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Fashion, Nature, redefining

Redefining Fashion, Part Two: Choose Faux Fur, Not Fox Fur

Every year, more than 75 million animals are violently killed just for the use of their fur. Animals are raised on fur farms, kept in overcrowded cages their entire lives and killed just for the use of their pelts.  The animal carcasses are left to rot or are burned after the fur has been removed from the body.  Since there is there is no law to regulate how animals are raised or killed on fur farms, animals are killed by having their neck broken, gassed, or are anally electrocuted.  The majority of animals used in the fur industry are raised on fur farms, including rabbits, foxes, and chinchillas.  As the fifth largest mink producer in the world, the US provides over 3 million mink pelts a year.  You can’t trust labels either, because labels often are misleading.  In China, millions of dogs and cats are bludgeoned to death or even skinned alive for their fur and are falsely advertised as fox or mink fur.

Thankfully, full-length fur coats aren’t  as popular as they used to be, but you can still find numerous celebrities sporting the latest fashion in fur.  The fur industry claims that the use of fur is both “natural and environmentally friendly”, but that couldn’t be farther from the truth.  In 2009, the Human Society of the United States released a report called, Toxic Fur: The Impacts of Fur Production on the Environment and the Risks to Human Health, that states that “the U.S. mink industry adds almost 1,000 tons of phosphorus to the environment each year.”  Animal skins rot soon after the animal is killed, and the fur industry has to use toxic chemicals to preserve the pelt, including: formaldehyde, chromium – a toxic carcinogen that causes cancer, and naphthalene – also carcinogenic.

Wild foxes, lynx, wolves, and bobcats are still being trapped exclusively for their fur, and though it is illegal in numerous countries, baby seals are still being hunted, clubbed and skinned alive while they are conscious.  Traps cannot be set to “only catch the intended animal” and exotic and endangered animals are killed in traps as well as the animals used for fashion.  Though harp seals are threatened by climate change and lack of food, (thier natural diet, the Atlantic cod, has been nearly extinct due to overfishing by the commericial fishing industry,) the 2011 harp seal quota was the highest level since 1971, and more seals were killed in 2011 than any year since the ’60s.  Most of these seals are younger than 3 months of age, and can’t even swim to escape the men that hunt them.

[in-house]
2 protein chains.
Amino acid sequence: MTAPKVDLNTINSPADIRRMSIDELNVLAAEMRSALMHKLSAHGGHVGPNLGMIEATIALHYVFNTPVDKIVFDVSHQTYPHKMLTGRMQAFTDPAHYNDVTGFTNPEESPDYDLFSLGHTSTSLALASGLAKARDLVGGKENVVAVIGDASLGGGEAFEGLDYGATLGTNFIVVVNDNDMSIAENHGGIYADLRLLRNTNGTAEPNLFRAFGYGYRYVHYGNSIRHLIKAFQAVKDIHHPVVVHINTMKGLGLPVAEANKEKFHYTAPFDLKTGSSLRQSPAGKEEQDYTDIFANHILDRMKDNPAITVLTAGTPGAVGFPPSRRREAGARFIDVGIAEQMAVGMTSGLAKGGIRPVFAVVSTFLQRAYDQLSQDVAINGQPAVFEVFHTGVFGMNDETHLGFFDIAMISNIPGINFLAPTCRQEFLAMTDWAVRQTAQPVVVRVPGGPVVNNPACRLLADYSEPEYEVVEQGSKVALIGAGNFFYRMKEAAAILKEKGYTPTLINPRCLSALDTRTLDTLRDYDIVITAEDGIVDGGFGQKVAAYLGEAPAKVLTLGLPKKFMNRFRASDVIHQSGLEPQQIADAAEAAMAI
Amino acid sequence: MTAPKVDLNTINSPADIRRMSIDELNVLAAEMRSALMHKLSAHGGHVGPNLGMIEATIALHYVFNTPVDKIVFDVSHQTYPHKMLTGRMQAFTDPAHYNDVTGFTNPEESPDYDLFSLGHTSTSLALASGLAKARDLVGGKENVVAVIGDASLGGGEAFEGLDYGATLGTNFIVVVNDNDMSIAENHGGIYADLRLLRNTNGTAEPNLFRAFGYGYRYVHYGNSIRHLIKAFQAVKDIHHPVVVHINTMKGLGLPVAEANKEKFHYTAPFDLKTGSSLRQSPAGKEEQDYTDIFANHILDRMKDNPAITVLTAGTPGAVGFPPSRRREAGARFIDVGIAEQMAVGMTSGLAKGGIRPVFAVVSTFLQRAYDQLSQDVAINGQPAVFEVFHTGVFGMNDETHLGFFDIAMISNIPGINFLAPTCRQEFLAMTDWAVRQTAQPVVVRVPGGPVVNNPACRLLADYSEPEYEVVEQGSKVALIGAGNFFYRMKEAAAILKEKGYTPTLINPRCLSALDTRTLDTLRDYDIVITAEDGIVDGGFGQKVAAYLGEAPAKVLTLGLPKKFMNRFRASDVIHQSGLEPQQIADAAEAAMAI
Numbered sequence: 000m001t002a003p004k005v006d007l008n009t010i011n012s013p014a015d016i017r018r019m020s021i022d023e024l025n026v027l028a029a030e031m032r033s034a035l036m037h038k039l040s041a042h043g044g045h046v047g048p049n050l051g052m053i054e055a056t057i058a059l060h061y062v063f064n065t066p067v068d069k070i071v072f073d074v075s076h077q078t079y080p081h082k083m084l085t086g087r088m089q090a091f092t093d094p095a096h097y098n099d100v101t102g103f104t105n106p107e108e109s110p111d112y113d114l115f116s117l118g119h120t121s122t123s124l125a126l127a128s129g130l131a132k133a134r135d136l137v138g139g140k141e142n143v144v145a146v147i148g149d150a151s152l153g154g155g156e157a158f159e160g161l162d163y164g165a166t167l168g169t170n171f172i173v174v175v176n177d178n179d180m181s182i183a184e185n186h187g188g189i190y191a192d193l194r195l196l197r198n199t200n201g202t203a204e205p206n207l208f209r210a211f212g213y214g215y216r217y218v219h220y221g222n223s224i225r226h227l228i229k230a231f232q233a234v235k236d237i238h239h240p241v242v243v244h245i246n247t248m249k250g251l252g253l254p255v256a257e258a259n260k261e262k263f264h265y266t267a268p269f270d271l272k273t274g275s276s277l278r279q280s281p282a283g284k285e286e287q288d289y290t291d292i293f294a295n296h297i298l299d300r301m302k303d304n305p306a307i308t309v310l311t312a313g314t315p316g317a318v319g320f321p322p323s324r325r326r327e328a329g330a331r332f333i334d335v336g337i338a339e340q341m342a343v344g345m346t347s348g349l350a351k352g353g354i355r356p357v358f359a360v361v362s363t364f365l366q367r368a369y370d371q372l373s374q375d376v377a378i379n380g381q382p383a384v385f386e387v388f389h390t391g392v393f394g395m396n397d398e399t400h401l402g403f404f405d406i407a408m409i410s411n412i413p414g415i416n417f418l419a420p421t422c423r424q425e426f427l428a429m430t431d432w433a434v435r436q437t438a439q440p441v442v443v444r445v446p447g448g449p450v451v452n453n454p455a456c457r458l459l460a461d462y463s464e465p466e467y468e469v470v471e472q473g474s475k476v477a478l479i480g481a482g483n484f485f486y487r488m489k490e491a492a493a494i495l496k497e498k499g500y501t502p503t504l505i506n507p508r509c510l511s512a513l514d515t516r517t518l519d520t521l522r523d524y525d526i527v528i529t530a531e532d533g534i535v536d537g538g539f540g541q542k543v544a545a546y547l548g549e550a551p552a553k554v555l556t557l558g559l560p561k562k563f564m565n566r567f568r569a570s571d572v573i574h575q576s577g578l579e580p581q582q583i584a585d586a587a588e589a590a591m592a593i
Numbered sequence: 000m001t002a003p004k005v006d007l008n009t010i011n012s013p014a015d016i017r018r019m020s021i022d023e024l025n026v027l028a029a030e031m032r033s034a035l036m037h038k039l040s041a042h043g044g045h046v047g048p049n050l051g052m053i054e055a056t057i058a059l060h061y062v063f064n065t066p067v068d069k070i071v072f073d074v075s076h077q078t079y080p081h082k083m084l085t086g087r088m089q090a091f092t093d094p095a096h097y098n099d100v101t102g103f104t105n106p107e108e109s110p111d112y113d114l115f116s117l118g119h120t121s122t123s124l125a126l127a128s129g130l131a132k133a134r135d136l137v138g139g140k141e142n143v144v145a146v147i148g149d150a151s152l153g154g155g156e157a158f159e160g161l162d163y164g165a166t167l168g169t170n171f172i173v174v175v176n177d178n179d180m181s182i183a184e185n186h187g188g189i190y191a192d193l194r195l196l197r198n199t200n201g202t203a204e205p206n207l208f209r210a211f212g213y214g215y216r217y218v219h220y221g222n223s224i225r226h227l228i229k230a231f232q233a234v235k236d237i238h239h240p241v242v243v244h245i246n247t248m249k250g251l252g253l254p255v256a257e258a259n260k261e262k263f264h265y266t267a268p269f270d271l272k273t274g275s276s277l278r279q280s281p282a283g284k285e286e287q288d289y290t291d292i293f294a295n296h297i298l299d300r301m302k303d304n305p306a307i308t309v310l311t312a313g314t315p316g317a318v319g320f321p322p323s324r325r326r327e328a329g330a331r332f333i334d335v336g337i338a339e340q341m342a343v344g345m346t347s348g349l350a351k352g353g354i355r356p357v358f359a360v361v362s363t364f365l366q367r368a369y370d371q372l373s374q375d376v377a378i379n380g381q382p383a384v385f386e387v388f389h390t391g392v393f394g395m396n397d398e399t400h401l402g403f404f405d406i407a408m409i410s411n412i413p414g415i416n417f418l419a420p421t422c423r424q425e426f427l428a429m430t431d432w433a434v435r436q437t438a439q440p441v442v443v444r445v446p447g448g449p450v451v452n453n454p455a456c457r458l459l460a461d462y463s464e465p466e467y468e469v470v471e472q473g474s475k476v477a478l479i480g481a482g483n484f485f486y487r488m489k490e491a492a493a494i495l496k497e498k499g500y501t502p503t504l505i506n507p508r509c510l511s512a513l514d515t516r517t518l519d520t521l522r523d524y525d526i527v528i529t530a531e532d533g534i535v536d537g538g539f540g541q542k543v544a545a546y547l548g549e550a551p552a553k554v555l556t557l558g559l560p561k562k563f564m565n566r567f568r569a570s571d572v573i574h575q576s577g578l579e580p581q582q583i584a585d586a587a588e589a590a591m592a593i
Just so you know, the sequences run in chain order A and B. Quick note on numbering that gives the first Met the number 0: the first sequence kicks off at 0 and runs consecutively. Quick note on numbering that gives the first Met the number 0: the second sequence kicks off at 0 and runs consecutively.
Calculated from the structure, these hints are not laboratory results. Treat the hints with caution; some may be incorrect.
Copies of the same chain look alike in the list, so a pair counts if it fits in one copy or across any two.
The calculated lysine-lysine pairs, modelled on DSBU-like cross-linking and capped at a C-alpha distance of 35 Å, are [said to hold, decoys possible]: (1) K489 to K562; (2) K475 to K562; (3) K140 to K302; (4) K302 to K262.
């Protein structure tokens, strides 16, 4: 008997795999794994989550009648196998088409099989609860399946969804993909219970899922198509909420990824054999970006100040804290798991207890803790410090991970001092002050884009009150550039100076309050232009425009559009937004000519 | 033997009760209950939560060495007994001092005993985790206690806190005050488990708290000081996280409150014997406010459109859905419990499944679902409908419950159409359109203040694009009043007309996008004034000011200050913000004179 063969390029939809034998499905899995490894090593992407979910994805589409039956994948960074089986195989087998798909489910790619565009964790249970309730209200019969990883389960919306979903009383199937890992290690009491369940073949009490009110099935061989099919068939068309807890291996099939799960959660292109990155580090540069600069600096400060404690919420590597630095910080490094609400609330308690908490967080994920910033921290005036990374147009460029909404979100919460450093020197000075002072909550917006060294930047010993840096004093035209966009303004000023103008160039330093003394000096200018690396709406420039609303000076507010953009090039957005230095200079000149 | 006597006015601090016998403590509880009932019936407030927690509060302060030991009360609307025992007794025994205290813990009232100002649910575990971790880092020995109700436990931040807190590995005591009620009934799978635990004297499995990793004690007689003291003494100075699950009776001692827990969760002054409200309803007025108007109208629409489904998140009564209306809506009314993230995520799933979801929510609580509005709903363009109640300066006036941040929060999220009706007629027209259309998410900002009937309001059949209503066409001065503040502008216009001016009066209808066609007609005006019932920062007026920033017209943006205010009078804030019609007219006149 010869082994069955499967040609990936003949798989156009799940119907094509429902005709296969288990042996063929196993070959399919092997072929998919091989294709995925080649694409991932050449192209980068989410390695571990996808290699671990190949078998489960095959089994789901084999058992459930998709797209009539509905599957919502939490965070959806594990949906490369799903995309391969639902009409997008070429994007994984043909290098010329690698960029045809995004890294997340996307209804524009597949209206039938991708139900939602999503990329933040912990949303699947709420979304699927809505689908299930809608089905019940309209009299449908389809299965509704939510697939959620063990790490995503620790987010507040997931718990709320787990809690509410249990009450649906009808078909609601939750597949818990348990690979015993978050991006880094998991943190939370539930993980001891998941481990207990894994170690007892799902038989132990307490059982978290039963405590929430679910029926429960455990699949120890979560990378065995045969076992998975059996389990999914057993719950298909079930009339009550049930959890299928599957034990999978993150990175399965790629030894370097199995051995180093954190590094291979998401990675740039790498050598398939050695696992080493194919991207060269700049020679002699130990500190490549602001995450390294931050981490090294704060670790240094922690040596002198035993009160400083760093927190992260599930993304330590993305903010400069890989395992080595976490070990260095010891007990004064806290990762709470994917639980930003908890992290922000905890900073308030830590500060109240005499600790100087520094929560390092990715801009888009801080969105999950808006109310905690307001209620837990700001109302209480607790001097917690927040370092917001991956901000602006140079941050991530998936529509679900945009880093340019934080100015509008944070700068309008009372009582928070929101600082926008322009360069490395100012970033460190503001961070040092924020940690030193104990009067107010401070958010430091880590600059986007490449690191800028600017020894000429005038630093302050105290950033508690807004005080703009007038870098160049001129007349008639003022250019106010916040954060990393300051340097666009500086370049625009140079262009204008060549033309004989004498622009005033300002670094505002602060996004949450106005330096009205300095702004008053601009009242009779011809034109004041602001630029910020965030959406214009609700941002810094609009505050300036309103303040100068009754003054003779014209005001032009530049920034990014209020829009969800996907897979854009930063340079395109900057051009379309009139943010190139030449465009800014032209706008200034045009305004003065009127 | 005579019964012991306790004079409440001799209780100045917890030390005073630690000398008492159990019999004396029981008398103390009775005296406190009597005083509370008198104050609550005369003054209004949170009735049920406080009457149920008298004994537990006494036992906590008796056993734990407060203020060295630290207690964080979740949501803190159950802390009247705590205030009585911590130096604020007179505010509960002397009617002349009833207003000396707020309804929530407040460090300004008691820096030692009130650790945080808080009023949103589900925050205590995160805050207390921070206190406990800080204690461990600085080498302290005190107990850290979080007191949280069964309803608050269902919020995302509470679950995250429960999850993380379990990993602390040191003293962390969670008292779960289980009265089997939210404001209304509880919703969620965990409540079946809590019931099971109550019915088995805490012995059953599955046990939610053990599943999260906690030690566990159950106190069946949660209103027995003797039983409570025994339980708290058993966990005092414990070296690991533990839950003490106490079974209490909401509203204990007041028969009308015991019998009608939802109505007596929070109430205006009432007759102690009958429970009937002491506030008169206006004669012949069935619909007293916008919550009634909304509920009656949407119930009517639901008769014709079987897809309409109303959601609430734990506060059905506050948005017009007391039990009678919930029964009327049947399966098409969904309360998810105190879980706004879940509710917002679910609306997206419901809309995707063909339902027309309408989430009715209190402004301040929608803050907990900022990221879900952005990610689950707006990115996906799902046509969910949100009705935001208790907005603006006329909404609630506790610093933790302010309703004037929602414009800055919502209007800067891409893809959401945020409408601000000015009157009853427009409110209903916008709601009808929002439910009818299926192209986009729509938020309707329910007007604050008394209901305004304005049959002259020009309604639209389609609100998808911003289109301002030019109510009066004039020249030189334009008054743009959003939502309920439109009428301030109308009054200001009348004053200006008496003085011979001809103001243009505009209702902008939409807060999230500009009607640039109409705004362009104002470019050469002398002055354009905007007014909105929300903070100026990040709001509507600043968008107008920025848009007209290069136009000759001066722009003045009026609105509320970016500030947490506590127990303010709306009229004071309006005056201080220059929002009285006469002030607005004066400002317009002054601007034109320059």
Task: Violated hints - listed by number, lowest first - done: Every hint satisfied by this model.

How can you make sure that the jacket in your closet is made with faux fur instead of being “fur real?”  Born Free USA gives us a few ways to check if the item in your hand is real or faux fur: genuine fur feels soft and rolls between your fingers.  When you blow on real fur, the layers of fur separate and you can see the dense under-wool coat that act as a base layer for the animal to protect it from the elements.  Fake fur, however, feels coarse and doesn’t roll under your fingers like real fur does, and all of the fur is the same length, without an undercoat.  Many organizations also offer ways to shop at certified fur-free retailers.  Both the Humane Society of the United States and Fur Free Retailer offer a list of retailers, designers and brands that have pledged to be fur-free.  No matter how you look at it, the use of animal fur for fashion is inhumane, harmful to the environment, and just so …  passe.  Lets all pledge to go fur-free  – starting today!


3 thoughts on “Redefining Fashion, Part Two: Choose Faux Fur, Not Fox Fur

  1. Totally agree, long term vegan here. I like faux fur but when they seem very realistic that puts me off. Thanks for the tips on how to check more thoroughly!

    Posted by dapperdolly | July 5, 2012, 2:44 pm


  1. Pingback: Redefining Fashion, Part Three: Leather isn’t Better « Redefining Eco - July 12, 2012

  2. Pingback: Redefining Fashion, Part Five: Fabulous Eco-Friendly Finds « Redefining Eco - August 2, 2012

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